Label: Nuclear Blast
Produced by Warren Riker
The eighth full-length Cathedral album sees them setting out to prove they are not dead as a creative force. Cathedral are not just going to turn out another Cathedral album. They are going to be challenging.
After a brief intro (entitled Death AD 2005) it seems this is going to be another classic Cathedral record in the same mold as their last opus The VIIth Coming. Lee Dorian is immense, his vocals much stronger than on the previous album (and they were pretty forceful on that one too) and the guitar playing of Garry Jennings is some of his best for many years. Tree of Life & Death and North Berwick Witch Trials are Cathedral at their absolute doom-laden best. There’s a bit of a hint that things might get a bit odd during Upon Azrael’s Wings, but it ends conventionally enough and Corpsecycle continues in typical fashion, before the beautiful acoustic instrumental Fields of Zagara and the breakneck Oro The Manslayer. But it’s towards the end that it all really starts to go a bit weird. Beneath A Funeral Sun features some eerie children’s vocals, a strangely bouncy mid-song interlude, and some frankly bizarre vocals from Lee.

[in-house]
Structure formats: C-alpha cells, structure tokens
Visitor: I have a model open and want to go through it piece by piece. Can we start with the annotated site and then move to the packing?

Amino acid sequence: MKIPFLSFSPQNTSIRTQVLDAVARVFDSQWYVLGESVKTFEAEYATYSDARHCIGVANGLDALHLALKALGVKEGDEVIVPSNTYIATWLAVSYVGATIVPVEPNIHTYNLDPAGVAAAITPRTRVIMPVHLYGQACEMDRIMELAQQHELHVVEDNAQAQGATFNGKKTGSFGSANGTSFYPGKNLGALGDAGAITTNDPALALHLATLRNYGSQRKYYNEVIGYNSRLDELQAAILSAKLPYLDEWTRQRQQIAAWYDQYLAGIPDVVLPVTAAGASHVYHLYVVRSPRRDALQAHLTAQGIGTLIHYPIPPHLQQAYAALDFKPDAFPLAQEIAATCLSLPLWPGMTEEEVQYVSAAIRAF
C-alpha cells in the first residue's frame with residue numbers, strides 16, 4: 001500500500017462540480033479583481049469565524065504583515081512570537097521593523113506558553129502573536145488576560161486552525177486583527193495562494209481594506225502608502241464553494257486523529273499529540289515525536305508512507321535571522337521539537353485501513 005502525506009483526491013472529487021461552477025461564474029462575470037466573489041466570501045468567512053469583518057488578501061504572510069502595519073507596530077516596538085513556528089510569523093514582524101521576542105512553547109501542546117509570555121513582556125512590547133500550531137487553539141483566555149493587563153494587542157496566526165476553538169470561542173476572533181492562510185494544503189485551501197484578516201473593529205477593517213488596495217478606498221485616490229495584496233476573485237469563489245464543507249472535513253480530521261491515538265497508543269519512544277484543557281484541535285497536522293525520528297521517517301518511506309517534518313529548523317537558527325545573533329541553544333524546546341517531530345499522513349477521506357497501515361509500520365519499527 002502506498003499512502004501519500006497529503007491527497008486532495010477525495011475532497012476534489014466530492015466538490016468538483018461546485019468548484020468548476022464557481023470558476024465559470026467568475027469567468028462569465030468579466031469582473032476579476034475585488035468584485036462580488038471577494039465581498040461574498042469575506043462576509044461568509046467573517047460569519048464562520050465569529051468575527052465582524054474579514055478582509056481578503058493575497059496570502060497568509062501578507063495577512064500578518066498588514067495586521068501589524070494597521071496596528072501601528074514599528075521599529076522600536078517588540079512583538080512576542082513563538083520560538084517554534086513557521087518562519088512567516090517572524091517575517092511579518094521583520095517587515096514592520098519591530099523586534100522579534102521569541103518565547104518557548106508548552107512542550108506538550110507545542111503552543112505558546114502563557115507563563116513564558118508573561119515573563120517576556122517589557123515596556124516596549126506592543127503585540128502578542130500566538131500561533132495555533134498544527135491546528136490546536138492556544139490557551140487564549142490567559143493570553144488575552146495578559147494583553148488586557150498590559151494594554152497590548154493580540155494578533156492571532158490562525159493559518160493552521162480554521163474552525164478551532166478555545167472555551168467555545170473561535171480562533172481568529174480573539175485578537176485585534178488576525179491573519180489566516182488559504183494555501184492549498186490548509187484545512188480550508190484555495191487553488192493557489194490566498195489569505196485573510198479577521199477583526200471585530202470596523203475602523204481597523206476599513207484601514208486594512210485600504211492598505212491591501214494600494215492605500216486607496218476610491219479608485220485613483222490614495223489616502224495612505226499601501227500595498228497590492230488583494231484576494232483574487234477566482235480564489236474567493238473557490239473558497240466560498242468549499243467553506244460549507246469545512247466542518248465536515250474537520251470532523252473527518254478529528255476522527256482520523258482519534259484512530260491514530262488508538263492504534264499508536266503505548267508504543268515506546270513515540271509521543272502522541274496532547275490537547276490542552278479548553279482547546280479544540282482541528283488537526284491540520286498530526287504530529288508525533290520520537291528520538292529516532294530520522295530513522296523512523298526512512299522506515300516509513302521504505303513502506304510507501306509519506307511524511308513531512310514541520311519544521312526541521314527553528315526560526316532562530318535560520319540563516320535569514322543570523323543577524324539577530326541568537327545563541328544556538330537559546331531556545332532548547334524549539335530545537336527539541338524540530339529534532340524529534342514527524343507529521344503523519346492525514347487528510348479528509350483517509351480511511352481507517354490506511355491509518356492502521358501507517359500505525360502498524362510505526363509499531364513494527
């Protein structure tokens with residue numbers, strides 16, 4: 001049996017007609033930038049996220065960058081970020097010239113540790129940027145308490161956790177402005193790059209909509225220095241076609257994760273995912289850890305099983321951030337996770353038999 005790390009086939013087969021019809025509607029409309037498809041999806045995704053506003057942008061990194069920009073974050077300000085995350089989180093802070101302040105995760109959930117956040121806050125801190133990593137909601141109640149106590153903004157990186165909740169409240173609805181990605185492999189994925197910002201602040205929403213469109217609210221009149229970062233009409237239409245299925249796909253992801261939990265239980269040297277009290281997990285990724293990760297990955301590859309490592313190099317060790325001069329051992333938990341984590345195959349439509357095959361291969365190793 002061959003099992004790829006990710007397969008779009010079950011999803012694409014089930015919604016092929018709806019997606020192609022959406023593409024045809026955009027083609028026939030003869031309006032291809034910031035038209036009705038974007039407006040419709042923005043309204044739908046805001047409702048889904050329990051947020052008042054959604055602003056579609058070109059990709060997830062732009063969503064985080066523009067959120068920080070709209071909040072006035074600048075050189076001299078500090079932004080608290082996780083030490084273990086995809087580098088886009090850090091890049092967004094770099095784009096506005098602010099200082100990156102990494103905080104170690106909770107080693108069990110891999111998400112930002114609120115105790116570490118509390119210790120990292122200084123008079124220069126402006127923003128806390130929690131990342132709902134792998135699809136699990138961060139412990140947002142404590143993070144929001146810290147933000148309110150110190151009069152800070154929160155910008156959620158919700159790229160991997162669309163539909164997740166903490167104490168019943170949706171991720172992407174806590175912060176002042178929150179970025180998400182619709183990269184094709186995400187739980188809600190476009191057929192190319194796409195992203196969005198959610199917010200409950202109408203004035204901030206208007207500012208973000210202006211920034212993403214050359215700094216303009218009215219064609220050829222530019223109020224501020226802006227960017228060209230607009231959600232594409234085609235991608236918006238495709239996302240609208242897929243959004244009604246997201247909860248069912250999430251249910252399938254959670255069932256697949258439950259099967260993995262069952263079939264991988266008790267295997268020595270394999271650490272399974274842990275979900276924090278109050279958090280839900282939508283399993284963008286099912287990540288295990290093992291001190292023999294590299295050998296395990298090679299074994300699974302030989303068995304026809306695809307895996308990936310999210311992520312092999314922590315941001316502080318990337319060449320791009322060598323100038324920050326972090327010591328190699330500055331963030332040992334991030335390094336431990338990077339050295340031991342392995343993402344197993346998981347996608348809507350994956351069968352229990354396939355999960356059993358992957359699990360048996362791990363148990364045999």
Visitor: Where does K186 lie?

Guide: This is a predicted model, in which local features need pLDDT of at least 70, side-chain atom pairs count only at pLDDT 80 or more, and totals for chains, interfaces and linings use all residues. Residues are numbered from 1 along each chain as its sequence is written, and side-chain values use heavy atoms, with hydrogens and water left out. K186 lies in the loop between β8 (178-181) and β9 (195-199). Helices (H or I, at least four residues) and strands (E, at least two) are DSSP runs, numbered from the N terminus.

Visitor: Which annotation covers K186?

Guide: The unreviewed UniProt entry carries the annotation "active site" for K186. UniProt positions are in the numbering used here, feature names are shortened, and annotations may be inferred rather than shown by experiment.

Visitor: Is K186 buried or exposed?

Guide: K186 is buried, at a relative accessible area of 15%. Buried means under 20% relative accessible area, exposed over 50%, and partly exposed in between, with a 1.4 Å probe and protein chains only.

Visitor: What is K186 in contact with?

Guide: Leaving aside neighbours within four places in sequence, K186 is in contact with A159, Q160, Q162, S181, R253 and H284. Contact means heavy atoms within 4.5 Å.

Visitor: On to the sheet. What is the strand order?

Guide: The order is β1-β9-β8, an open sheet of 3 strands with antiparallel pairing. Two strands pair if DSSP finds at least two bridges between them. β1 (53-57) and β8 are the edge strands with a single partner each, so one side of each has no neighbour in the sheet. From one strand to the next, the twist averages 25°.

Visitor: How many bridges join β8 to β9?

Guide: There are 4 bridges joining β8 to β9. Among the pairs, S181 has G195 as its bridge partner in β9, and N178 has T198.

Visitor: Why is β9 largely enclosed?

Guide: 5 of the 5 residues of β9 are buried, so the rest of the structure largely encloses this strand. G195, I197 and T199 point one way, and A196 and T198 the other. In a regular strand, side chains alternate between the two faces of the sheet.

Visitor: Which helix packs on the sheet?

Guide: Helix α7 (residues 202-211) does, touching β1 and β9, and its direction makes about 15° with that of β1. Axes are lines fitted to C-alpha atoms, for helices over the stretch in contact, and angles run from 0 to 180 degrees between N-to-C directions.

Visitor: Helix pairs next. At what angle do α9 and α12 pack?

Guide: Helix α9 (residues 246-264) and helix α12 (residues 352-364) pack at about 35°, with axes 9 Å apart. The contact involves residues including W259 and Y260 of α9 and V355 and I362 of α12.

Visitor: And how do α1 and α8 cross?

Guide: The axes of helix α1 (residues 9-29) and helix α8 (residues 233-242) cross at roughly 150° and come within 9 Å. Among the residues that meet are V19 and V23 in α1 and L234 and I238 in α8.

Then something you really wouldn’t expect on a Cathedral album. Following an odd bass intro, the 25-minute epic The Garden features female vocals and more time and mood changes than your average ’70s prog yarn. There are parts where the band has never sounded more evil, parts where they’ve never been softer, parts where they’re almost, God forbid, happy, and all weird extremes in between.
For seven tracks this is a classic, crushing Cathedral album. Then it veers wildly into new and uncharted territory. And not in a remotely bad way. This is one of their finest ever moments.
“ uncharted territory ”
Tracklist: Death AD 2005 / Tree of Life & Death / North Berwick Witch Trials / Upon Azreal’s Wings / Corpsecycle / Fields of Zagara / Oro The Manslayer / Beneath A Funeral Sun / The Garden / Proga Europa